Yellow-rumped (Audubon's) Warbler

Setophaga coronata

Order

PASSERIFORMES

Family

Wood-Warblers (Parulidae)

Code 4

YRWA

Code 6

SETCOR

ITIS

ILLUSTRATION

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PHOTOS

CONSERVATION STATUS

Least Concern

The Yellow-rumped Warbler has a tremendous range reaching up to generally 9.8 million square kilometers. This bird can be found in much of the Caribbean as well as parts of North, and Central America including Bahama, Belize, Cayman Islands, Colombia, Costa Rica, Cuba, Dominican Republic, El Salvador, Guatemala, Haiti, Honduras, Jamaica, Mexico, Nicaragua, Panama, Puerto Rico and others. There are also vagrant populations in Greenland, Iceland, Ireland, the Netherlands, Portugal, Spain and the UK. Its preferred habitat includes temperate, tropical and subtropical forests, shrublands and even rural gardens. The global population of this bird is estimated to be around 90 million individuals. It is not believed that the population trends for this species will soon approach the minimum levels that could suggest a potential decline in population. Due to this, population trends for the Yellow-rumped Warbler have a present evaluation level of Least Concern.

VOTE: ILLUSTRATION

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SUMMARY

Overview

Yellow-rumped (Audubon's) Warbler: Medium warbler, dark-streaked, blue-gray upperparts, yellow rump and throat. White belly, breast white and black streaked, yellow patches on the sides. Head dark blue-gray with yellow crown, black lores, white lower and upper eye crescents. Dark wings with white-edged coverts. Tail is dark with white corners.


Range and Habitat North America

Yellow-rumped (Audubon's) Warbler: Breeds in coniferous forests from British Columbia and Alberta to southwest Saskatchewan, south to Arizona and New Mexico, and east to Montana, Wyoming, and Colorado. Winters south to Mexico and rarely to Honduras. Found year-round along the coasts of Washington, Oregon, northern California, and parts of Mexico and Guatemala. Accidental to the eastern U.S. and Canada.


Range and Habitat Hawaii


Range and Habitat Palau

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INTERESTING FACTS

  • The Yellow-rumped Warbler is one of the most common warblers in North America.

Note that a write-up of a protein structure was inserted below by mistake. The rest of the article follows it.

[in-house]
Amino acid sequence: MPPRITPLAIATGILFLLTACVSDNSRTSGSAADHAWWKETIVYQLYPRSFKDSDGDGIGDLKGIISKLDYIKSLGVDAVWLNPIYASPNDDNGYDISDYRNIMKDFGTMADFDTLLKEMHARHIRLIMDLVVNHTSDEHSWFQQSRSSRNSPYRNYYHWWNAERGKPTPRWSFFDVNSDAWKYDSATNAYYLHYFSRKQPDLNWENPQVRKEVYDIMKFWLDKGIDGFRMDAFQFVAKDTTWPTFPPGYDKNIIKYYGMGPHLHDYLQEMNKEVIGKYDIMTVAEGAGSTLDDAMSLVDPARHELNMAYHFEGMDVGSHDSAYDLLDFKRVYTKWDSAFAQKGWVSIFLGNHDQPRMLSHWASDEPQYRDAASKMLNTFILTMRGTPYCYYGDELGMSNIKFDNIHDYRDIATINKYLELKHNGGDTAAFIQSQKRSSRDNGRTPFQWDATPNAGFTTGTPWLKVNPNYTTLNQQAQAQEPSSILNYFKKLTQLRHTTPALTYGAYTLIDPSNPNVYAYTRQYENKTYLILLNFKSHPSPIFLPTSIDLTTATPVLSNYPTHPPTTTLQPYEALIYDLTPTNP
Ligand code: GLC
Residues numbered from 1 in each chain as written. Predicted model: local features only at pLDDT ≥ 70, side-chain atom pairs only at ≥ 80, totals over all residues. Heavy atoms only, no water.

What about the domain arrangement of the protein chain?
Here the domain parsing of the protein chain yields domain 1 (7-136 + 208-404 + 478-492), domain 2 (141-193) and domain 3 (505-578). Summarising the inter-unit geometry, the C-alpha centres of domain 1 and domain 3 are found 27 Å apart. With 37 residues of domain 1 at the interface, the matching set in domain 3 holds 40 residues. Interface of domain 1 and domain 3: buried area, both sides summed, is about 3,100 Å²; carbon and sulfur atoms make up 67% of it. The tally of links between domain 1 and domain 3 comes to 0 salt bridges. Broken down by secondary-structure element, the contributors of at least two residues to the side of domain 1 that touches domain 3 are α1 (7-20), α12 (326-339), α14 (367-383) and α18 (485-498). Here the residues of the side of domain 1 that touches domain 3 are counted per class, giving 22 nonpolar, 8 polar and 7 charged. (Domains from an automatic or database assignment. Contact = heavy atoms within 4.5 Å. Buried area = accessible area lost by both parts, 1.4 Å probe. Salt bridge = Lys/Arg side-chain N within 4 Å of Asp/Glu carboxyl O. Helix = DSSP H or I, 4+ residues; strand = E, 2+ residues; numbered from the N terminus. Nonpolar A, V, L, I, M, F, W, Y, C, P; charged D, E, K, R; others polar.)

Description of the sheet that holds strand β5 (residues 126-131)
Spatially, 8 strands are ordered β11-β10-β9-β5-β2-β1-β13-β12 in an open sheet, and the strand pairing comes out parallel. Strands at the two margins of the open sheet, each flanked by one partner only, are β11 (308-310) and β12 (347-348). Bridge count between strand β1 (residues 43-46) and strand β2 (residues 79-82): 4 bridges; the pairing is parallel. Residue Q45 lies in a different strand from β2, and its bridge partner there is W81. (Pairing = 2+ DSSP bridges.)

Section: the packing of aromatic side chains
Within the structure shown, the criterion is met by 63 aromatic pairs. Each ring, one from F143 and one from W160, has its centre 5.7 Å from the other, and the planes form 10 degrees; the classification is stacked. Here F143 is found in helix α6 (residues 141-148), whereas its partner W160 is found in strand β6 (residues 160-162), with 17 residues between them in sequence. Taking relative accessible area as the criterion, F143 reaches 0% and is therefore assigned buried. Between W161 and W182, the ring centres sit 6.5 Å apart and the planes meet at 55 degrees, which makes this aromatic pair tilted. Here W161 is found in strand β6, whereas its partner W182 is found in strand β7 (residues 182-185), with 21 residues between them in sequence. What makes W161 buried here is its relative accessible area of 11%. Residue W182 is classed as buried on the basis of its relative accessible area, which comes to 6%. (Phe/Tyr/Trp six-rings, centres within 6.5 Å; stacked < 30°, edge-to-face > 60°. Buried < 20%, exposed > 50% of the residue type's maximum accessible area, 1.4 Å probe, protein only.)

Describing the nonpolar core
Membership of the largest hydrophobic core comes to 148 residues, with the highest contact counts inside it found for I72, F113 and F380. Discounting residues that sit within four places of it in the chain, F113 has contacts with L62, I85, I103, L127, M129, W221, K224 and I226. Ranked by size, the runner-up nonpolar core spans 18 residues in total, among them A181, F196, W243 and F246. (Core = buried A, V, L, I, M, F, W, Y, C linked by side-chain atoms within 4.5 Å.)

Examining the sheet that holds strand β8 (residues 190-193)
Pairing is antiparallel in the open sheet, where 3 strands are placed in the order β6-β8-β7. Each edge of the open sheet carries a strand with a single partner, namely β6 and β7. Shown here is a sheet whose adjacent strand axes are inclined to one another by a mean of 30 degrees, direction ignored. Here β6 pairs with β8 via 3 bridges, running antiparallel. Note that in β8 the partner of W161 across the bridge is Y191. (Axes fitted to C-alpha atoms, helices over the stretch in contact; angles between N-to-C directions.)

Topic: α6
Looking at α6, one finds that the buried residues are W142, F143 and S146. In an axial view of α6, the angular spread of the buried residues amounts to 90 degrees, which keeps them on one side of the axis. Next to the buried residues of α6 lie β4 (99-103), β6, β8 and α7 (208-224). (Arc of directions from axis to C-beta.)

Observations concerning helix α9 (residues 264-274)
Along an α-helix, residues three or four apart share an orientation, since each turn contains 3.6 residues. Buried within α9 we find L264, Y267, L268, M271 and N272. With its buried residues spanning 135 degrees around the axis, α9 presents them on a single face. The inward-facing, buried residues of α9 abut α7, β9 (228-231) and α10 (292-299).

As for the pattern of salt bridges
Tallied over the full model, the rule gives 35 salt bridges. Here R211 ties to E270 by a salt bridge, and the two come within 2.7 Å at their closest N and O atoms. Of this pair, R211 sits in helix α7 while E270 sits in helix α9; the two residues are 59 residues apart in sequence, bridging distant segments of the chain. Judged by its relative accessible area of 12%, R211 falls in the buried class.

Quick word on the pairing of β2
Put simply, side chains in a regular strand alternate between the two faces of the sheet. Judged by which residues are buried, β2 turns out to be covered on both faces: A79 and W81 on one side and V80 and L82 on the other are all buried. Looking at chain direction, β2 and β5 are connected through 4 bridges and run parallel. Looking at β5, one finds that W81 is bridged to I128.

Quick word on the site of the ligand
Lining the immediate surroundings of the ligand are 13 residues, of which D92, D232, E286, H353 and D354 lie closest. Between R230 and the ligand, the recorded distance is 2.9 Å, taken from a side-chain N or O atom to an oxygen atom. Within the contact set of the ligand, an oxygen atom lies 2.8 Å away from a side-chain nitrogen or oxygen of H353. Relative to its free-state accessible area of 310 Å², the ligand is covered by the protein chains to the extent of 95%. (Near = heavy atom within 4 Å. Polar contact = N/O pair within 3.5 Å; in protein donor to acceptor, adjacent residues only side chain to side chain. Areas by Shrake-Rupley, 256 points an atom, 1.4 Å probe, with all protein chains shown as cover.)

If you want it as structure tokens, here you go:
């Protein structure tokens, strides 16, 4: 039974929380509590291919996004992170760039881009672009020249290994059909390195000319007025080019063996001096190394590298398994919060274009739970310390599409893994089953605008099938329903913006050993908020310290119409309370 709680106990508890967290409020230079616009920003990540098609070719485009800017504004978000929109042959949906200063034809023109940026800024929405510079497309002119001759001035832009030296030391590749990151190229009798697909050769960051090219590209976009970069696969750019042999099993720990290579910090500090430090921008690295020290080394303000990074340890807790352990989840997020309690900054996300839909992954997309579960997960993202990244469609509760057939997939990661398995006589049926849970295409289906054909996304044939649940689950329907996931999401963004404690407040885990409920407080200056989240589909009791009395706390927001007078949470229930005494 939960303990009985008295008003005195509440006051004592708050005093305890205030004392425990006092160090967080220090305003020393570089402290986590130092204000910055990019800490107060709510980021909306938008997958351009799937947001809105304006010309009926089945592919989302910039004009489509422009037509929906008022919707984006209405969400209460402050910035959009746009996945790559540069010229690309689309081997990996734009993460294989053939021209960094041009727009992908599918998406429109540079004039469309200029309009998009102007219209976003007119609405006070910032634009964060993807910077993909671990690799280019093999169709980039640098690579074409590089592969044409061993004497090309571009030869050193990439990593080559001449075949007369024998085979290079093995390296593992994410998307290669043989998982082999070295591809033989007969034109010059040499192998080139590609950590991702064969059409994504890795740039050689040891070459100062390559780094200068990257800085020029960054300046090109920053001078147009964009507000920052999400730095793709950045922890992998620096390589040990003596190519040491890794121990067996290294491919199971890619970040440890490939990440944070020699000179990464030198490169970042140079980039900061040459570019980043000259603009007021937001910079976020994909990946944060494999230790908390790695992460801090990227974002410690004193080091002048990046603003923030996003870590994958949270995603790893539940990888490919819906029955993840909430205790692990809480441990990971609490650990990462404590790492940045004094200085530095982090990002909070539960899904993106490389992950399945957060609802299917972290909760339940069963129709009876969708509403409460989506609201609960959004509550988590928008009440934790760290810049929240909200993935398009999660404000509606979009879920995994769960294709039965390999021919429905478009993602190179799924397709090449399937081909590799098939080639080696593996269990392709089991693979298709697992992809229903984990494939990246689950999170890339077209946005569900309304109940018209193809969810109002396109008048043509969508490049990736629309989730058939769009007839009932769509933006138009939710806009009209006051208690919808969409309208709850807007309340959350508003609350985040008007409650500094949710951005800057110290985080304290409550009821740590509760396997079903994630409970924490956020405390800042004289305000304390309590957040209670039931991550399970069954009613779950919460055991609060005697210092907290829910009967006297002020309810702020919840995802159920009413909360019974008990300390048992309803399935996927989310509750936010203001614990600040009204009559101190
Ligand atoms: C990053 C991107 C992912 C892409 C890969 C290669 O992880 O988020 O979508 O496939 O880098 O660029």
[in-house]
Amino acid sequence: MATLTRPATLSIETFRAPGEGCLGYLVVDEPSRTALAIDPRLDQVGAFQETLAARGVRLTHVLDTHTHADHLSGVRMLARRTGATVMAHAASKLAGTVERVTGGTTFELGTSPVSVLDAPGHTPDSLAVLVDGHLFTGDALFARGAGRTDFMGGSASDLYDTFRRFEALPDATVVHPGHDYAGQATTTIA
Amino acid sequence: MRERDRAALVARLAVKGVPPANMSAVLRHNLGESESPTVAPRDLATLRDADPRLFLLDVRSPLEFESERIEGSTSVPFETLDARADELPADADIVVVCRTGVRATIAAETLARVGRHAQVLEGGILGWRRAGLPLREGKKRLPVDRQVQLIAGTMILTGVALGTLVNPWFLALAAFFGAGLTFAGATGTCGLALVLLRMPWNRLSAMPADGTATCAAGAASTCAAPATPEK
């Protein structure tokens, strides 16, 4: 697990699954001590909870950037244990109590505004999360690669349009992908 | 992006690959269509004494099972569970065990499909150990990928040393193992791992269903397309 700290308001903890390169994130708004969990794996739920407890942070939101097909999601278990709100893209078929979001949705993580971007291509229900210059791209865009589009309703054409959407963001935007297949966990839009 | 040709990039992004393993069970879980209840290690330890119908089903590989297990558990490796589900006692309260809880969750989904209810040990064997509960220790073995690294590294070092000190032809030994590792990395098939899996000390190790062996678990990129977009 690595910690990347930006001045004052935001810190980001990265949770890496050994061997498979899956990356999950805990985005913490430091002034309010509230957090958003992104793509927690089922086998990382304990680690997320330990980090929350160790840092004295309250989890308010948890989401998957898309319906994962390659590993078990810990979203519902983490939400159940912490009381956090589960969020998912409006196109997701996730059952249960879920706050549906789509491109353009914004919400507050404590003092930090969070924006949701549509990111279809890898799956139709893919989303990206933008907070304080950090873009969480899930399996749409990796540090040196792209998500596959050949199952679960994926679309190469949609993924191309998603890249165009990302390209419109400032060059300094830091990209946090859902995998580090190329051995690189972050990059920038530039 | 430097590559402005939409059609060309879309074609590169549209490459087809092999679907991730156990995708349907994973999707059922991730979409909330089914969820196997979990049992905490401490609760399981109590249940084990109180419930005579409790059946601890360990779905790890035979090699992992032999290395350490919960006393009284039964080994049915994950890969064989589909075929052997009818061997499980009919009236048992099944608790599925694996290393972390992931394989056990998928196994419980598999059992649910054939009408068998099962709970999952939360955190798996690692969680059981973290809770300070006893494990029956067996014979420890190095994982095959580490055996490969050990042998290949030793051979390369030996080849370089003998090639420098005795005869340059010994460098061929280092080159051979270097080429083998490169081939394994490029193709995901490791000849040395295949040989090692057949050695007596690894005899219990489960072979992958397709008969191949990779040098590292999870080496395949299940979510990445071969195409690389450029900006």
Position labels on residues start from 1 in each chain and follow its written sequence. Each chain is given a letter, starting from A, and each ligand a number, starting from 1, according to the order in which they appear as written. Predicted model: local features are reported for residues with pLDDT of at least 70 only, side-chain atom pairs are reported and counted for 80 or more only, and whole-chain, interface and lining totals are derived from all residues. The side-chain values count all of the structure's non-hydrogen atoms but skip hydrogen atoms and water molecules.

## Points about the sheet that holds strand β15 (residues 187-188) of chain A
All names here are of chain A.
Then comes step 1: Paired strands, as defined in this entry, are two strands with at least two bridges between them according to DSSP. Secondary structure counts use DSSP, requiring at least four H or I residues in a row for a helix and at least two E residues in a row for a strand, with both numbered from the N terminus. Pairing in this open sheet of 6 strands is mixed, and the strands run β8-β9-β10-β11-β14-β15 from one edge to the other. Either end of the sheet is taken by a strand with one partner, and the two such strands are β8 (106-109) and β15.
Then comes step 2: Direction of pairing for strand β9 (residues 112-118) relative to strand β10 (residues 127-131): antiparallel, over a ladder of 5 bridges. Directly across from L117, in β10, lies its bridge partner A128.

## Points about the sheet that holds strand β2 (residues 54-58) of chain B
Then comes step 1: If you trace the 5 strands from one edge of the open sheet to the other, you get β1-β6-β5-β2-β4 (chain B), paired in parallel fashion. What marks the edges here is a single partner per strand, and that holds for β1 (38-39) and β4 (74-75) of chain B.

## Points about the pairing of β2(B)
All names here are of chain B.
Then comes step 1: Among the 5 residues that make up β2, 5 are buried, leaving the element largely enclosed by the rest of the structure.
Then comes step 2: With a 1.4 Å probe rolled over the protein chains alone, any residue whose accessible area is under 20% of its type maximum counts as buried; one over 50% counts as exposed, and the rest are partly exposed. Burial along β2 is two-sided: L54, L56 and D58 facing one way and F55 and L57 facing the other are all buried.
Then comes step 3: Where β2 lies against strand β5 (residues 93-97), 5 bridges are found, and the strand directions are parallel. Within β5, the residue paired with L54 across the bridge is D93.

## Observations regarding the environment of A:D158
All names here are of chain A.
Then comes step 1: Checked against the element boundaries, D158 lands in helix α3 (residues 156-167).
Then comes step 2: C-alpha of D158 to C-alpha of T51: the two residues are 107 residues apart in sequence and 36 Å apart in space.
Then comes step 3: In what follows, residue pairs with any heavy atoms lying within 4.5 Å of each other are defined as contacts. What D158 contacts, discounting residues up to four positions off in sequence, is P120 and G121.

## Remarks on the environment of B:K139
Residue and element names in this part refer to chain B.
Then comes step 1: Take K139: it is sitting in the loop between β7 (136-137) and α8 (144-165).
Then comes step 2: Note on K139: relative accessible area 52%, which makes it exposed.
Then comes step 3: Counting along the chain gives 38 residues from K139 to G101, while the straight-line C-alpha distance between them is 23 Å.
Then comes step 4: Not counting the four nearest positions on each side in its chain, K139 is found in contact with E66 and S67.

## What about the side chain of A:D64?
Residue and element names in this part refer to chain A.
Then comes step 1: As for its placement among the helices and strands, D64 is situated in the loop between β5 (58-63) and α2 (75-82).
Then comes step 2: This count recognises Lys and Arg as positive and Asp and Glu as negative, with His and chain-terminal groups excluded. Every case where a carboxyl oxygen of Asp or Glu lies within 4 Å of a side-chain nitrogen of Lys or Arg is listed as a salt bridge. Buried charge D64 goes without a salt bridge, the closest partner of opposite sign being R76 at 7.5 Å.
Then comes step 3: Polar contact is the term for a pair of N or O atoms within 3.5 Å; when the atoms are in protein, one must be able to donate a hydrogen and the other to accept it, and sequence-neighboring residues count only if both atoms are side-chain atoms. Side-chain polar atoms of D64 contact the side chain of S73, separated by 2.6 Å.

• Able to digest 80% of wax-coated berries such as bayberries, the Yellow-rumped Warbler is capable of wintering farther north than any other warbler.
  • The eastern Myrtle and western Audubon forms were once considered separate species. Due to recent genetic testing, they soon may be split and again be treated as two different species.
  • A group of warblers has many collective nouns, including a "bouquet", "confusion", "fall", and "wrench" of warblers.

SIMILAR BIRDS

RANGE MAP NORTH AMERICA

About this North America Map

This map shows how this species is distributed across North America.

FAMILY DESCRIPTION



SONGS AND CALLS

Xeno-Canto Sound

Yellow-rumped (Audubon's) Warbler A1

  • Title: Yellow-rumped (Audubon's) Warbler A1
  • Recordist: Andrew Spencer
  • Description: Call is a repeated "chek".
  • Location: CO
  • Date: "December 5, 2016"

Yellow-rumped (Audubon's) Warbler DD1

  • Title: Yellow-rumped (Audubon's) Warbler DD1
  • Recordist: Jelmer Poelstra
  • Description: Song is a musical warble, "tuwee-tuwee-tuwee".
  • Location: WA
  • Date: "December 5, 2016"

Yellow-rumped (Audubon's) Warbler B1

  • Title: Yellow-rumped (Audubon's) Warbler B1
  • Recordist: Richard E Webster
  • Description: Series of call notes.
  • Location: mx
  • Date: "December 5, 2016"

Lang Elliott Sound

Yellow-rumped (Audubon's) Warbler 6

  • Title: Yellow-rumped (Audubon's) Warbler 6
  • Recordist: Lang Elliott
  • Description: Song lacks a distinctive pattern.
  • Date: "April 28, 2014"
  • Location: CA

Voice Text

"chek", "tuwee-tuwee-tuwee", "tsee"

Vocalization

Yellow-rumped (Audubon's) Warbler: Song is a trill or musical warble, "tuwee-tuwee-tuwee." Call is a soft "chek" or "psit." Gives a clear "tsee" in flight.

TERMINOLOGY

CREDITS

Author

Artist

Michael Oberhofer

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UpperpartsX
Back, rump, hindneck, wings, and crown.
BellyX
The ventral part of the bird, or the area between the flanks on each side and the crissum and breast. Flight muscles are located between the belly and the breast.
BreastX
The upper front part of a bird.
CrownX
The crown is the top part of the birds head.
RumpX
The area between the uppertail coverts and the back of the bird.
Parts of a Standing bird X
Head Feathers and Markings X
Parts of a Flying bird X